In which the historian Mihai Burcea talks about the Romanian volunteers in the International Brigades during the Spanish Civil War, based on his doctoral theses research.
- David Iancu, 9 ani medic pe front (2008). ed. Tania Iancu
- Valter Roman, Sub cerul Spaniei (1972). (translated into Spanish as Bajo el cielo de España. Memorias de un brigadista internacional rumano)
- Artwork by Alis Balogg
- Sloth metal riffs by Zomfy
- Intro/Outro song: ¡No pasarán! by Sofia Zadar
ioni: [00:00:11] Tell us about yourself and your studies or your work.
mihai: [00:00:15] My name is Mihai Burcea, I am a scientific researcher at the National Institute for the Study of Totalitarianism.
mihai: [00:00:19] In 2017 I finished a doctoral thesis on Romanian volunteers from the International Brigades in Spain. It is still unpublished. I hope to publish it over the next two or three years. How I arrived at the subject of the thesis... In short in 2009 or 2010 while working on a dictionary of penitentiary officers I discovered some of the officers who fought in the Carpathian partisan group. It was a group of partisans who operated in Romania between June and August 1944 and some of them -- three or four -- were also fighters in the International Brigades in Spain. They had taken refuge in France in the camps on the shores of the Mediterranean and then in North Africa. And from North Africa they were repatriated by the Soviet Union to Soviet territory and from there they were trained by the Red Army to operate behind the Romanian front on Romanian territory. They were sent behind the front and carried out some sabotage activities here. They threw some gas supplies on the railroad tracks. They blew up, mined, some railway lines and so on.
mihai: [00:01:21] And some of them were in Spain and I was intrigued. I had no idea, I didn't even know the word inter-brigadist. I knew that some Romanians fought in Spain, but I had very little knowledge. I started digging in this area. Who are these people? Plus , at that time I was also working at ICCMER, and on the way to work there was an Ion Călin street. And it intrigued me. Who is this Ion Călin. Because it was near Olga Bancic Street. And I started asking myself questions and I accidentally discovered his security file. Of this hero Ion Călin. And so I found out that he had also fought in Spain and then fought in the French Resistance. And he lost his life in 1944-45, I don't remember well, in the Neuengamme camp. He had been captured by the Vichy government and deported to Germany.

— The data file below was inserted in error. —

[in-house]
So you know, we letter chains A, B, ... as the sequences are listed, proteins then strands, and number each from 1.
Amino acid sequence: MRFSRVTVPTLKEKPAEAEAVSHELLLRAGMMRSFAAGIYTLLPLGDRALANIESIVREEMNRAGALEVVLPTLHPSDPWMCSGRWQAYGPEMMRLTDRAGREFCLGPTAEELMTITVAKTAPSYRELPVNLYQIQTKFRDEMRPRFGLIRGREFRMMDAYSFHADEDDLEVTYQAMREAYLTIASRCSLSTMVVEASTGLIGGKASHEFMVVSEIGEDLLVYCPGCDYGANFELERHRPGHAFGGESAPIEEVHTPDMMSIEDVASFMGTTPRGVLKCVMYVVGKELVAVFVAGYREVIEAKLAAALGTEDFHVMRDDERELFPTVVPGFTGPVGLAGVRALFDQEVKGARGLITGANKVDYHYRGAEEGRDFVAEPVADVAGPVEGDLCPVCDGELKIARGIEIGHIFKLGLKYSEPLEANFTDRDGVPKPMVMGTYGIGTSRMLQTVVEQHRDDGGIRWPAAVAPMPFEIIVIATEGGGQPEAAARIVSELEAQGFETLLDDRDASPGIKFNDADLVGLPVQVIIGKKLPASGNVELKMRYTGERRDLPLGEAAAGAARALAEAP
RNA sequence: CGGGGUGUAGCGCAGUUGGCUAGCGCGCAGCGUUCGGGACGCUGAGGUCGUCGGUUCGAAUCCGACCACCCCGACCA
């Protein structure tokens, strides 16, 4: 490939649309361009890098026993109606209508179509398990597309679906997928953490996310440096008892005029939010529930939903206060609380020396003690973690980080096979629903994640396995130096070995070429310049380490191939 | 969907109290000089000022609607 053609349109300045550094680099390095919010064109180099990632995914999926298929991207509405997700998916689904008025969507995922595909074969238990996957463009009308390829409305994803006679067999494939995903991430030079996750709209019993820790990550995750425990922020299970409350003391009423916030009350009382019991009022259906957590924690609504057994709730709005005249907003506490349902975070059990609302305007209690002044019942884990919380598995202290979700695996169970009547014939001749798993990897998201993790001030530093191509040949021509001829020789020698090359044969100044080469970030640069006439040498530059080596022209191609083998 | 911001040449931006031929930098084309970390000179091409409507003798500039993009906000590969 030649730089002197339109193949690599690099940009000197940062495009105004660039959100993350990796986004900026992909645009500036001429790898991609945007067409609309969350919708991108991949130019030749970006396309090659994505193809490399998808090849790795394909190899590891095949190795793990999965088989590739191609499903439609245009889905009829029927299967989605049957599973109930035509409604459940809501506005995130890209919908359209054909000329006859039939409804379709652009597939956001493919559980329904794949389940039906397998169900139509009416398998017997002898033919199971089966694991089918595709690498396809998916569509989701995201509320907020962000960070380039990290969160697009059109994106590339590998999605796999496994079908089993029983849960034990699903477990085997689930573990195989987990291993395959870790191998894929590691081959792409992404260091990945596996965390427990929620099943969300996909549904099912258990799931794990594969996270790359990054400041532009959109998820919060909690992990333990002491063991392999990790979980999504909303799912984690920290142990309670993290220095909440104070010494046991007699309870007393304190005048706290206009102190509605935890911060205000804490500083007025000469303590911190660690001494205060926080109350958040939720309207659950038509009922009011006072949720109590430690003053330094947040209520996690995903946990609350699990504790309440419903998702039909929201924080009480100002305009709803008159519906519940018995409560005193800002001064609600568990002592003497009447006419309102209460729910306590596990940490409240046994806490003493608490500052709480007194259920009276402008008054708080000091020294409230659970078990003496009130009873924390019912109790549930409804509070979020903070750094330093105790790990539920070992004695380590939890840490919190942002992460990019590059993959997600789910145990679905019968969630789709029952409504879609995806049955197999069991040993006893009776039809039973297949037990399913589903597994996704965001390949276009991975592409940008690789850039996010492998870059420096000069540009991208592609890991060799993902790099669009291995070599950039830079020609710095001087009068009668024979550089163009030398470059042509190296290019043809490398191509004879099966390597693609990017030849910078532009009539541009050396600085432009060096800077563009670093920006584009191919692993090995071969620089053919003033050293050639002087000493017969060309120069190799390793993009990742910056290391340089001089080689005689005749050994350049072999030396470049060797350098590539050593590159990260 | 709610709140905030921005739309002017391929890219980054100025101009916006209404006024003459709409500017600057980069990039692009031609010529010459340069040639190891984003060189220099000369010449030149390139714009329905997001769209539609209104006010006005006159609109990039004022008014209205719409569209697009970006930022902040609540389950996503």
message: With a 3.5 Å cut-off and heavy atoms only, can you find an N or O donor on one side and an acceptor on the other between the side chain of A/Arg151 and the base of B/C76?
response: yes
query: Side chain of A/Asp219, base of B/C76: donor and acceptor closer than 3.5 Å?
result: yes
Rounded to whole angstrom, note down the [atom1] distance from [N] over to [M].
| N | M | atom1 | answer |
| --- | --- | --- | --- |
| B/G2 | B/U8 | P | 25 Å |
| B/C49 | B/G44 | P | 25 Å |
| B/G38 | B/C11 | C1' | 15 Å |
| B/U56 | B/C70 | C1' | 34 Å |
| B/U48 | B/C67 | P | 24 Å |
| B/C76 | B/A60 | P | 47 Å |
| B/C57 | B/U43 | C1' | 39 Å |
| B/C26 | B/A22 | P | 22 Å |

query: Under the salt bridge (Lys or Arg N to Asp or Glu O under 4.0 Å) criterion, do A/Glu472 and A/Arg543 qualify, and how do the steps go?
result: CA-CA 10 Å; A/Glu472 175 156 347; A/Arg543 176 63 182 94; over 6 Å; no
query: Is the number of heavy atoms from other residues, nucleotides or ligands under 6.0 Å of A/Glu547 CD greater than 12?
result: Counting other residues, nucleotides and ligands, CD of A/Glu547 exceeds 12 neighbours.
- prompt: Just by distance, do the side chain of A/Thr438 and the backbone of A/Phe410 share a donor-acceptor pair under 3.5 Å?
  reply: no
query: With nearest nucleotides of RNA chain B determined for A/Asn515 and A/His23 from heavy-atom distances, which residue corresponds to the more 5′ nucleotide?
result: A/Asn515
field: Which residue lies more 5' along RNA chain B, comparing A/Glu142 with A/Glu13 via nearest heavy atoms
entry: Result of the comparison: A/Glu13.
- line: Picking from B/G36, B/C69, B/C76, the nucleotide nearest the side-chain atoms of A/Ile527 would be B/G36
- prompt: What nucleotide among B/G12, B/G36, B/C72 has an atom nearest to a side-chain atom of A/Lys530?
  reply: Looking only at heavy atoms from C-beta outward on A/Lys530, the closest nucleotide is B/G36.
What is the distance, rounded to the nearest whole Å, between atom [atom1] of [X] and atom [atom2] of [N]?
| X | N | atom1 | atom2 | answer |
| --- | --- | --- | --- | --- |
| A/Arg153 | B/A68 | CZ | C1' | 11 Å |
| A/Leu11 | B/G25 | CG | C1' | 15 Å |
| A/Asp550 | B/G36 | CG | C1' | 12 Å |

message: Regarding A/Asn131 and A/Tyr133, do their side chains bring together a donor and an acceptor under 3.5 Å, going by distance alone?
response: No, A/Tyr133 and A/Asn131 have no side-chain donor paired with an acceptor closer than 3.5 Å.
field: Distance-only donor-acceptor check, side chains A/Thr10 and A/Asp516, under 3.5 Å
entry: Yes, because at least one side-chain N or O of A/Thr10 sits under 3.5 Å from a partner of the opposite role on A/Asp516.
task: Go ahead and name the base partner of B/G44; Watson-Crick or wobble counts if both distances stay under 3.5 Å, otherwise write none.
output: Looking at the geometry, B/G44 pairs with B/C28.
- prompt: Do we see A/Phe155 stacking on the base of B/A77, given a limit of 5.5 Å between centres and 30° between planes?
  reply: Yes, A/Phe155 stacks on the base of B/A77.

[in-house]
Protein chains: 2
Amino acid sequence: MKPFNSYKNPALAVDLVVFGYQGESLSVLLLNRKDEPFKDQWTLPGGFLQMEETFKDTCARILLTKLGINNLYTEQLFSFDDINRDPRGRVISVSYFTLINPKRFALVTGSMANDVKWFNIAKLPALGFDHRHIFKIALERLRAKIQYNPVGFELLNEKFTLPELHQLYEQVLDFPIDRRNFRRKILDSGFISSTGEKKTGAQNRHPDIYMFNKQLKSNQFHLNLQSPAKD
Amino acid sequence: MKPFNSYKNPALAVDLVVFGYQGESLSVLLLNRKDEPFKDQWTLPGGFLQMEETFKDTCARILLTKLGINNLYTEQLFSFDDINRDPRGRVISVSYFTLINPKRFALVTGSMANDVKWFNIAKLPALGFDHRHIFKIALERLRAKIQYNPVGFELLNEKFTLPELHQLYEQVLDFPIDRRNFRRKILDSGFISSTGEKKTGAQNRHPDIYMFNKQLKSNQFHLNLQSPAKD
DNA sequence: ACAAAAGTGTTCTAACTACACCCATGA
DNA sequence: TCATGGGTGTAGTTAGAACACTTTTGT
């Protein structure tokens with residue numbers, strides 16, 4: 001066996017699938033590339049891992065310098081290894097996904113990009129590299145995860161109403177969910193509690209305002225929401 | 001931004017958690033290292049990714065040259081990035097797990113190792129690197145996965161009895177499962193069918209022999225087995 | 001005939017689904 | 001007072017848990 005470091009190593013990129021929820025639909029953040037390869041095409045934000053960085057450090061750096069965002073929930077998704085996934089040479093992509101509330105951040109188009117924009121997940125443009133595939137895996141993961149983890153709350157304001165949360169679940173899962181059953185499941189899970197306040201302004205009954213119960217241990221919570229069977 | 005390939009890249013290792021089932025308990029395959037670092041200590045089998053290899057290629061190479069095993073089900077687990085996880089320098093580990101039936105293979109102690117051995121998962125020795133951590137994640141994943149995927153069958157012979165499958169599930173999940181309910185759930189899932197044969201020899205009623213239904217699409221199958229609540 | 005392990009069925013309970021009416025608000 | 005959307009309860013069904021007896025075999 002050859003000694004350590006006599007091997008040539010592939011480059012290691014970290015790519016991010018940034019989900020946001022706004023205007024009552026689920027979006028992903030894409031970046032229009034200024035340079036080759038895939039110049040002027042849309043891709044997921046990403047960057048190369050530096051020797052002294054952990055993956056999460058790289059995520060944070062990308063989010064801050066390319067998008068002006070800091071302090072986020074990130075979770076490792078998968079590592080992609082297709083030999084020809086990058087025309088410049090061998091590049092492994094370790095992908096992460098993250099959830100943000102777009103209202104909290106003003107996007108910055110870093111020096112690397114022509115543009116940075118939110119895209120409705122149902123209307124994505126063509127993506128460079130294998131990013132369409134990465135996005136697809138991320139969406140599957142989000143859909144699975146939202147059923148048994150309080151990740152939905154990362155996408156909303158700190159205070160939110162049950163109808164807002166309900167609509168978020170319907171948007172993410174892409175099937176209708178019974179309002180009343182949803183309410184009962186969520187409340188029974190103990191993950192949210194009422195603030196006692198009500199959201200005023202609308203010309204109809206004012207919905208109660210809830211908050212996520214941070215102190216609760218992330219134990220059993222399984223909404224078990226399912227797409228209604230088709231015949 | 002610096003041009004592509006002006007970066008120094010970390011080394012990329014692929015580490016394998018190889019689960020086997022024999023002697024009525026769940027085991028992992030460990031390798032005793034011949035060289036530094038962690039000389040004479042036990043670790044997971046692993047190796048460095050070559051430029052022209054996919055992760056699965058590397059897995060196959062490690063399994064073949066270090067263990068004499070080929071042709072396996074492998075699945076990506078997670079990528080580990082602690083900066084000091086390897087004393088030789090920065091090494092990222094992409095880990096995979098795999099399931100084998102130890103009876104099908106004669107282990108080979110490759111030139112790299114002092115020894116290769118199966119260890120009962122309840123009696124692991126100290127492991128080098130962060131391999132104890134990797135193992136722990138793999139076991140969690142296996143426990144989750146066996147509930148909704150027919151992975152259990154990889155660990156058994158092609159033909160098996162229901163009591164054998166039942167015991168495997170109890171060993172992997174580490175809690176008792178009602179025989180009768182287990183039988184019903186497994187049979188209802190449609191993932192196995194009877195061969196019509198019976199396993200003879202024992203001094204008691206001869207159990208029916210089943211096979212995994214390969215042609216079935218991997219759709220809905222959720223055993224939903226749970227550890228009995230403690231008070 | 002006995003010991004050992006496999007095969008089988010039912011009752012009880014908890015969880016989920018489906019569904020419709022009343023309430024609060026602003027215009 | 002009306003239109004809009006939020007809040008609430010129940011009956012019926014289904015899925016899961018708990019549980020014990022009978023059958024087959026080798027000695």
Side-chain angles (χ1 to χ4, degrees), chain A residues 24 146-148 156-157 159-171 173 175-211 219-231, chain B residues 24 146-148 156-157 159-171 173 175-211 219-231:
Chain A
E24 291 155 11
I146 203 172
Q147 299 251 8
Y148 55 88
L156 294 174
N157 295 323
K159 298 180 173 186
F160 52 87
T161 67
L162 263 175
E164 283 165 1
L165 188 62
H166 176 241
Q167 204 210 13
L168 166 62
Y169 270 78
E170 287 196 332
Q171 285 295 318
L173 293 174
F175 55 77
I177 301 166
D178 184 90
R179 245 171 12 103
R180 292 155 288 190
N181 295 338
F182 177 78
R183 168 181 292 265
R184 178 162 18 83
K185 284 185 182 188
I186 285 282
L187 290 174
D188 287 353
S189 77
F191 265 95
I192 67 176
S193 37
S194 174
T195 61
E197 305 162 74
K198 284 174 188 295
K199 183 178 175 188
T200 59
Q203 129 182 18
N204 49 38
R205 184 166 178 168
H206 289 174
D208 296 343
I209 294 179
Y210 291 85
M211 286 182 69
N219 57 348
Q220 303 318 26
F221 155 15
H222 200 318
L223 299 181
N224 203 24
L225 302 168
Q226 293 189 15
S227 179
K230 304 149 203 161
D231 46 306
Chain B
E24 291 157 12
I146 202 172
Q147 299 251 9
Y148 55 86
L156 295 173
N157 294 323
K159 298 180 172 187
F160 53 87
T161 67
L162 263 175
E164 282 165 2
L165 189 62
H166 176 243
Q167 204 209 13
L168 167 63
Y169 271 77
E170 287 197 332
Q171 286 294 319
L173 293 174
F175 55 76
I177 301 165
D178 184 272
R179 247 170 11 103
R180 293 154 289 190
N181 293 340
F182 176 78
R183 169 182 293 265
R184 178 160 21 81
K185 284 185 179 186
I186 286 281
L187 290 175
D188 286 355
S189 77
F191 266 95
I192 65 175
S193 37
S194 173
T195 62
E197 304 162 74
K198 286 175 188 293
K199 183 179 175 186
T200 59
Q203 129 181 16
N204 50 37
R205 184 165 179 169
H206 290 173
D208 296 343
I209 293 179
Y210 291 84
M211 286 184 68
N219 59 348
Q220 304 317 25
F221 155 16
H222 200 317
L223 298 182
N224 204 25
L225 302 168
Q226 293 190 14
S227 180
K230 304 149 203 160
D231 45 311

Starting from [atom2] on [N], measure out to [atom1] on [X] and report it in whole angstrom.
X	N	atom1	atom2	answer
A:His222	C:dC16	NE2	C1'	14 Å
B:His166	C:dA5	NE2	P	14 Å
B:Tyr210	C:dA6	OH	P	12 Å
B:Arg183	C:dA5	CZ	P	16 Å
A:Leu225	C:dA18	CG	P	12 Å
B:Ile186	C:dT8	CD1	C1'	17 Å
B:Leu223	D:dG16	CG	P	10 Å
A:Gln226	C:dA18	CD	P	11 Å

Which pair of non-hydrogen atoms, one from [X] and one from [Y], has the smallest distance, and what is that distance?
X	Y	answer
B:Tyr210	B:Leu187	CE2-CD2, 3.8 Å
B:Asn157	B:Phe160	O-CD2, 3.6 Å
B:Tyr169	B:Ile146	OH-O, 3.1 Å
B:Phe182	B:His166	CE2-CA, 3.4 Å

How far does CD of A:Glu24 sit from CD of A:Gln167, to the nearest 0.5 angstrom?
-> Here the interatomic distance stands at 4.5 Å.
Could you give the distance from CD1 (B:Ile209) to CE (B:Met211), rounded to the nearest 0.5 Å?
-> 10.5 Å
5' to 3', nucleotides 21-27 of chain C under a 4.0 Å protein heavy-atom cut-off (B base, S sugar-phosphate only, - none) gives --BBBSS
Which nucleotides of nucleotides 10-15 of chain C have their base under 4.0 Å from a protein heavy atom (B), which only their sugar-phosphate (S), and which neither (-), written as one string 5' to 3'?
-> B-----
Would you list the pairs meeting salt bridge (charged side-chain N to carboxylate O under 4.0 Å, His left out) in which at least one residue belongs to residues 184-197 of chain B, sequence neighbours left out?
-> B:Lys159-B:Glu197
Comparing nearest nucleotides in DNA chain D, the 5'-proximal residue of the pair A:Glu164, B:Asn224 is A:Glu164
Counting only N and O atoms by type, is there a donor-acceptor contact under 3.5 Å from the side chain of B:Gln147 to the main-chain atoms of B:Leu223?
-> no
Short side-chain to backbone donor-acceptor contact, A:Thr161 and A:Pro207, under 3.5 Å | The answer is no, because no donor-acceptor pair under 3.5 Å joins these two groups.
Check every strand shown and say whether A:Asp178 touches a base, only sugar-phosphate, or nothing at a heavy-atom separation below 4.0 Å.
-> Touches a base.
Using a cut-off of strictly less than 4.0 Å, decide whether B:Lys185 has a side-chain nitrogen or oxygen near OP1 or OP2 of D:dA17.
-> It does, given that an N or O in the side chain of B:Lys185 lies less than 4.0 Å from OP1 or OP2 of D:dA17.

mihai: [00:02:06] And that's it about the prehistory of the thesis.
mihai: [00:02:08] I started slowly doing excavations about those who fought in the International Brigades in Spain. At the National Archives and in the CNSAS archive, I easily found out about this whole body, about this Romanian echelon.
ioni: [00:02:21] What was their political affiliation. How did they leave for Spain, whether they left on the basis of their political affiliation or whether they left through the Communist Party or on their own. And once in Spain, with which factions did they fight.
mihai: [00:02:39] So their number, the cohort, is 377 fighters. This is the number I identified in our national archives. Obviously I did not find data and information about everyone. But for the most part I was able to identify a number of data about many of them. Regarding political affiliation, I discovered that 85 of them were affiliated with the Communist Party of Romania and the organizations it oversees, the Labor League, the Democratic Bloc or the Red Aid.
mihai: [00:03:07] There were also volunteers from MADOS, the Hungarians, respectively five volunteers. From the Popovici Socialist Party, who were dissidents from Titel Petrescu's Socialist Party. So there were two from the Popovici Socialist Party. There were also two volunteers from the Social Democratic Party. Even Iulian's Radical Peasants’ Party sent a volunteer.
mihai: [00:03:25] Then from the point of view of their ethnic origin, I found as follows. 92 Jews, 49 Romanians, 91 Hungarians, 3 Bulgarians, two Ukrainians, a Russian, a Roma, a Serbian and one German.
mihai: [00:03:39] The most common profession among them, for example, was that of carpenter.
mihai: [00:03:44] There were 14 carpenters, 14 textile workers, 10 drivers. There were also five women, all nurses. Galia Burcă, Hermina Tismăneanu, Sanda Sobard. That's about it in summary. A cross section in the cohort.
mihai: [00:04:02] By age groups, obviously the largest group is the one given by those aged between 20 and 30 years. Because they were looking for a lot of young people who did military service.
mihai: [00:04:11] There were also two volunteers between the ages of 15 and 20. Respectively, Stelian Mircea a young man born in 1919 and Wolf Reudberg, a young man born in Soroca in 1918.